Max Verstappen’s crash made headline news over the weekend – with repercussions for rival driver Lewis Hamilton – but what, really, is the meaning of a “51G crash”, or of a 51G impact?
What happened to Max Verstappen?
During the opening lap of the British Grand Prix over the weekend, Dutch driver Max Verstappen, 23, suffered what his team boss Christian Horner called a “51G impact”.
Eloquently put by Boss Hunting writer John McMahon earlier today, it’s not the speed that kills you – “inertia is the true killer”.
Fortunately, Verstappen went into hospital only for “precautionary tests”. Lewis Hamilton received a 10-second penalty for potentially precipitating the incident. However, fortunately for him, it wasn’t enough to keep him from taking first place.
So, what’s the meaning of a 51G crash?
Astronauts in space experience 0G, or zero-gravity, because they are beyond Earth’s gravitational pull.
Down here, we experience 1G. That’s the normal amount of force the Earth’s gravitational field applies on a body at sea level.
It’s not something we think about all that often, but the Earth’s gravity is pulling us towards its centre at a speed of about 9.8 metres per second per second. That’s why, when you jump up, you come back down. If you fall for one second, by the time you land you’re travelling at 9.8 metres per second. That’s just under 22mph.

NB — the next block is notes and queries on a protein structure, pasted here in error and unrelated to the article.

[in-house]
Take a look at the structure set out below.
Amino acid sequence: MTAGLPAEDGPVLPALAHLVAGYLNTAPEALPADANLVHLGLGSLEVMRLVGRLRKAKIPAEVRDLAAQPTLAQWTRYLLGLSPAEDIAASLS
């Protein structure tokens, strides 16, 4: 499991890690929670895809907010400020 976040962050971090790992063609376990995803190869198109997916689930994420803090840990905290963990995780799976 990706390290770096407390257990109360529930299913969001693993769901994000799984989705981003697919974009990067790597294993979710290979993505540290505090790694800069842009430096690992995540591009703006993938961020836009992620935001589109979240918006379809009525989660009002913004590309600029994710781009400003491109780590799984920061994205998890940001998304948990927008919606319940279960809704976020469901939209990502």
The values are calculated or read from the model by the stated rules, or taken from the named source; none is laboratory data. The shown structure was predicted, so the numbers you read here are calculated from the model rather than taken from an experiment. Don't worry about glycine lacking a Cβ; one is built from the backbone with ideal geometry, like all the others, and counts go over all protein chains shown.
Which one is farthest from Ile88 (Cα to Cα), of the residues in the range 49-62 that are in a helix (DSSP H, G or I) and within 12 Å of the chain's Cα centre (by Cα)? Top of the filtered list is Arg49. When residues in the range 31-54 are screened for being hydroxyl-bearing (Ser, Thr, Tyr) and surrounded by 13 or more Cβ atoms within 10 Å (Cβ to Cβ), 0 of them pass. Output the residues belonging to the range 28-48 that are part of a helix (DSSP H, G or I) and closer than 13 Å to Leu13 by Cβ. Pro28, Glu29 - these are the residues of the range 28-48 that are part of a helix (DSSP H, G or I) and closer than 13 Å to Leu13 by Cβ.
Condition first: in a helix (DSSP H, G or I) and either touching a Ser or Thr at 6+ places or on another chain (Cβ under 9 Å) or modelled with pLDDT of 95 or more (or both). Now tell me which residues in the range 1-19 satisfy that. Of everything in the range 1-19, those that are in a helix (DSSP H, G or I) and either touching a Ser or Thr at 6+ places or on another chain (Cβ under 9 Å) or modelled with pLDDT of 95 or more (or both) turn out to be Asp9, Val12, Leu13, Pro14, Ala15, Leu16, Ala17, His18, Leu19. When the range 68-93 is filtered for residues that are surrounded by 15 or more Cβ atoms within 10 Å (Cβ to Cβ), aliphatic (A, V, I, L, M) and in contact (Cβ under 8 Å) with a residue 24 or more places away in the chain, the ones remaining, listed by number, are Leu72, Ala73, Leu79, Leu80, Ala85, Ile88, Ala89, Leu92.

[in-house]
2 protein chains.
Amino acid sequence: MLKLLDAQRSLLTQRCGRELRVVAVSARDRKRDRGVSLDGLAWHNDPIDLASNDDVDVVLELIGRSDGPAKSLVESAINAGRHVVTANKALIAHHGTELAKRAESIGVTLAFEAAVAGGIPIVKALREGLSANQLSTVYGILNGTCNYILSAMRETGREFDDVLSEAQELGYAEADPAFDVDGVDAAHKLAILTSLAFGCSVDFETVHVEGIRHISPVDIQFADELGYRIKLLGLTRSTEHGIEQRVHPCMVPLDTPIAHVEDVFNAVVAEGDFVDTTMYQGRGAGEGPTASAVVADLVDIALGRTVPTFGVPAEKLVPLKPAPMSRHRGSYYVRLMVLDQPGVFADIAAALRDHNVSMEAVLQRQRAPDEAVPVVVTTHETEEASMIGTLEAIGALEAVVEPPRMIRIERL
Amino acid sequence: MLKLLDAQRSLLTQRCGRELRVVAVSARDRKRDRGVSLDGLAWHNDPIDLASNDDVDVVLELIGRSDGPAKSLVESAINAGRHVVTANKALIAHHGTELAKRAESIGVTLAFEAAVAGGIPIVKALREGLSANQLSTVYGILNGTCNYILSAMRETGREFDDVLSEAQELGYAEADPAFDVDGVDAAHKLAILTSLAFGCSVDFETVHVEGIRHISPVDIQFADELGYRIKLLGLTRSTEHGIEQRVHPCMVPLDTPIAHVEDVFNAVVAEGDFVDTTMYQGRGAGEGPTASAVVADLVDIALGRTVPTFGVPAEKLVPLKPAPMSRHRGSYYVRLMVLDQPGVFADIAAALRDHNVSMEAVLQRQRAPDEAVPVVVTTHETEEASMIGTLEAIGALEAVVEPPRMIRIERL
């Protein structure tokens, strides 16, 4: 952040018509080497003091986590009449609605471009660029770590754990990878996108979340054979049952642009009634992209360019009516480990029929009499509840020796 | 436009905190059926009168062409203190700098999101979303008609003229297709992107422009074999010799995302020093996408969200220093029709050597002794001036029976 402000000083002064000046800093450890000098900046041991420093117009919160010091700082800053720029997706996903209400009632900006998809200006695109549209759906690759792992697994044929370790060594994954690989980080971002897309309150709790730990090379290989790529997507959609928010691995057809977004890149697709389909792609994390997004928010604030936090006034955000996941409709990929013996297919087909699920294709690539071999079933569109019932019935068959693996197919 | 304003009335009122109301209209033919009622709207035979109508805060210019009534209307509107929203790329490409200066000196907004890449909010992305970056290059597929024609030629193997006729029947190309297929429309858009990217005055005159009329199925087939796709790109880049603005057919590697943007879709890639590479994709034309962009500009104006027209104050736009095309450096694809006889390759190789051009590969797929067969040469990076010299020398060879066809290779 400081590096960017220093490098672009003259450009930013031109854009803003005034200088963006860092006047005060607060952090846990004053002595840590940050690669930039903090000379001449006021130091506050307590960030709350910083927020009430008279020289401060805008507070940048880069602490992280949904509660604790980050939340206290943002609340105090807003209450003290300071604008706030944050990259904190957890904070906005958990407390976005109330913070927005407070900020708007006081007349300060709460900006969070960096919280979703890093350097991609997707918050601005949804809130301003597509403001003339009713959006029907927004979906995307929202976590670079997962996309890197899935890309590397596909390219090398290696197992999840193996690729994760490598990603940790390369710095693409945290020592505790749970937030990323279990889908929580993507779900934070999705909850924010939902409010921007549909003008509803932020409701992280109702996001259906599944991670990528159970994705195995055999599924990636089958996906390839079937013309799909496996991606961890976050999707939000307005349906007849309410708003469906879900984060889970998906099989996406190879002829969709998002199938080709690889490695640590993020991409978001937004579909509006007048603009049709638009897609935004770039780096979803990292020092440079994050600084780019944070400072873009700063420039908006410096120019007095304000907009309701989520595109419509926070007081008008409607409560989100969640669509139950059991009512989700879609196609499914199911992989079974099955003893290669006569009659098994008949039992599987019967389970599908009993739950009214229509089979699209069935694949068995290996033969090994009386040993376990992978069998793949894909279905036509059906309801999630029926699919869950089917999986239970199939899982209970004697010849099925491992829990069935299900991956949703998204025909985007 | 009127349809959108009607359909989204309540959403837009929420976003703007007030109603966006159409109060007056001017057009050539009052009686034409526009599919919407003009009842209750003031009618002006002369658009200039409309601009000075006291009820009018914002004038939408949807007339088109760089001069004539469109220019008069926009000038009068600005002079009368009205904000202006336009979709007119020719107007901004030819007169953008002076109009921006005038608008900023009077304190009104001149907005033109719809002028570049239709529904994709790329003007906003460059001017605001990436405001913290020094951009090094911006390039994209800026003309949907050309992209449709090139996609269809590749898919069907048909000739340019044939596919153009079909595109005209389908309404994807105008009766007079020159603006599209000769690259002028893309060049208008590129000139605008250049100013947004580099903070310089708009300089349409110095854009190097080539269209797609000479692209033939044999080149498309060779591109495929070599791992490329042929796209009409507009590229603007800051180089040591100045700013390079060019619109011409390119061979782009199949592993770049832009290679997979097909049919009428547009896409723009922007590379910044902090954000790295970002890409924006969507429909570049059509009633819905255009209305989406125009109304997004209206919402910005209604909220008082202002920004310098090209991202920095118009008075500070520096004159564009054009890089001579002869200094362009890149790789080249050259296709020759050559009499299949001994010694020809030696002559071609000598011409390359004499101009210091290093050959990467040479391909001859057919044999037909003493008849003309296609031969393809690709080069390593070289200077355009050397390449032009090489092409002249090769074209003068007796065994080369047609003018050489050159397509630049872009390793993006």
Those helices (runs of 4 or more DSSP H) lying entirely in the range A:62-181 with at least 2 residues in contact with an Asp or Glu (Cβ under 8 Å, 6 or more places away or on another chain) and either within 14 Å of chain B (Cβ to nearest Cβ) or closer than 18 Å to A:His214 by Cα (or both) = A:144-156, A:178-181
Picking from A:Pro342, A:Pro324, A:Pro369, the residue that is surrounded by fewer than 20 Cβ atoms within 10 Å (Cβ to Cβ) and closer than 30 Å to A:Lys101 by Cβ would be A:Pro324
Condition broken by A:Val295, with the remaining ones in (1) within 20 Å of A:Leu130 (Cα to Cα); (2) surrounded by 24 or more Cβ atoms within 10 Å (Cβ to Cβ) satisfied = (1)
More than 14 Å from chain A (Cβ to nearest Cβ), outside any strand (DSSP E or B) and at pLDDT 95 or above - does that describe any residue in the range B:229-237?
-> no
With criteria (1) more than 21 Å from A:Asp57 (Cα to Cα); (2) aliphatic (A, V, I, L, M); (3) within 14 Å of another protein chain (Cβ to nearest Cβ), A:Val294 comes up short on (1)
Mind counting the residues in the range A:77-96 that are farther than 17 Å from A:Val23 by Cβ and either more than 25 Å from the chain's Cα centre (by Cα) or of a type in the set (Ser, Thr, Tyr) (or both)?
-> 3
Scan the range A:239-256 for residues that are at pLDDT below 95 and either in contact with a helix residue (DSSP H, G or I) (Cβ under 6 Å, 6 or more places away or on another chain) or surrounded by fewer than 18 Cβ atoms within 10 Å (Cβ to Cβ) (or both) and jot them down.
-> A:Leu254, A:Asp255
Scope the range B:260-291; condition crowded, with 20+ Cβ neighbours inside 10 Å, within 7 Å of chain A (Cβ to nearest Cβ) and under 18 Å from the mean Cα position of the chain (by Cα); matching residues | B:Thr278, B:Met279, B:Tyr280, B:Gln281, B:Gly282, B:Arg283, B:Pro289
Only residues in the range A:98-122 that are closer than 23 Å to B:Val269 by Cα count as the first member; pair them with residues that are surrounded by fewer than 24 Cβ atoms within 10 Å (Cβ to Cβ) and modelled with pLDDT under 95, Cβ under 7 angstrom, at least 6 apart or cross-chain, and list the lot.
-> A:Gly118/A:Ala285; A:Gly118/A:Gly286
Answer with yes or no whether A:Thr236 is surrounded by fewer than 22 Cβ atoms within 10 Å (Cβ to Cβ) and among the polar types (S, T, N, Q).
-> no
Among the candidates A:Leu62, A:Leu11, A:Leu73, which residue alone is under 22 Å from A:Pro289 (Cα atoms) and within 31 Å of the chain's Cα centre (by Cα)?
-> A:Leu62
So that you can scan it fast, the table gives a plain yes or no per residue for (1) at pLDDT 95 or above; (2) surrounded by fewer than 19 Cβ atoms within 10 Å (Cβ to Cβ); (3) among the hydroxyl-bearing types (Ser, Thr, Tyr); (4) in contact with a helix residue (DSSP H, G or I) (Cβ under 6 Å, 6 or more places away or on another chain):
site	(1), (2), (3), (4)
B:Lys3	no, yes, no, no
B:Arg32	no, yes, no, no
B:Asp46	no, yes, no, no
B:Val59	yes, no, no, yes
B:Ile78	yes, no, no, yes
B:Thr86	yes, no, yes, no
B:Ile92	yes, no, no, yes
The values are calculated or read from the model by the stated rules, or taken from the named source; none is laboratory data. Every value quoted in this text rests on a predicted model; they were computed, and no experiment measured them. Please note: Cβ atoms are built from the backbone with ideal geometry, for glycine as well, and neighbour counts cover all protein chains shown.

Horizontal g-force (no, not that G-Force), otherwise known as the gravitational force equivalent, is a measure of horizontal acceleration.
It feels like gravity, except sideways. It is something Formula One drivers have to contend with every time they go into a bend.
How many Gs is 51G, and what is a deadly amount of Gs?
Formula One drivers apparently experience 2G while accelerating. That means it feels like twice their bodyweight is being pressed into the seat behind them.
When they brake, they experience 5G; cornering exerts between 4 and 6Gs.
According to Science Focus, sustained g-forces of anything from 6G could be fatal to a human body. Fortunately for them, racing car drivers experience higher levels of horizontal g-force only for short periods. Likewise, fighter pilots, who are trained to manage up to 9G, do so only for a second or two.
In short, then, crashing with an impact force of 51G meant that Verstappen experienced – if only for a fraction of a second – the equivalent to 51 times Earth’s gravitational pull. That he’s already out of hospital is impressive.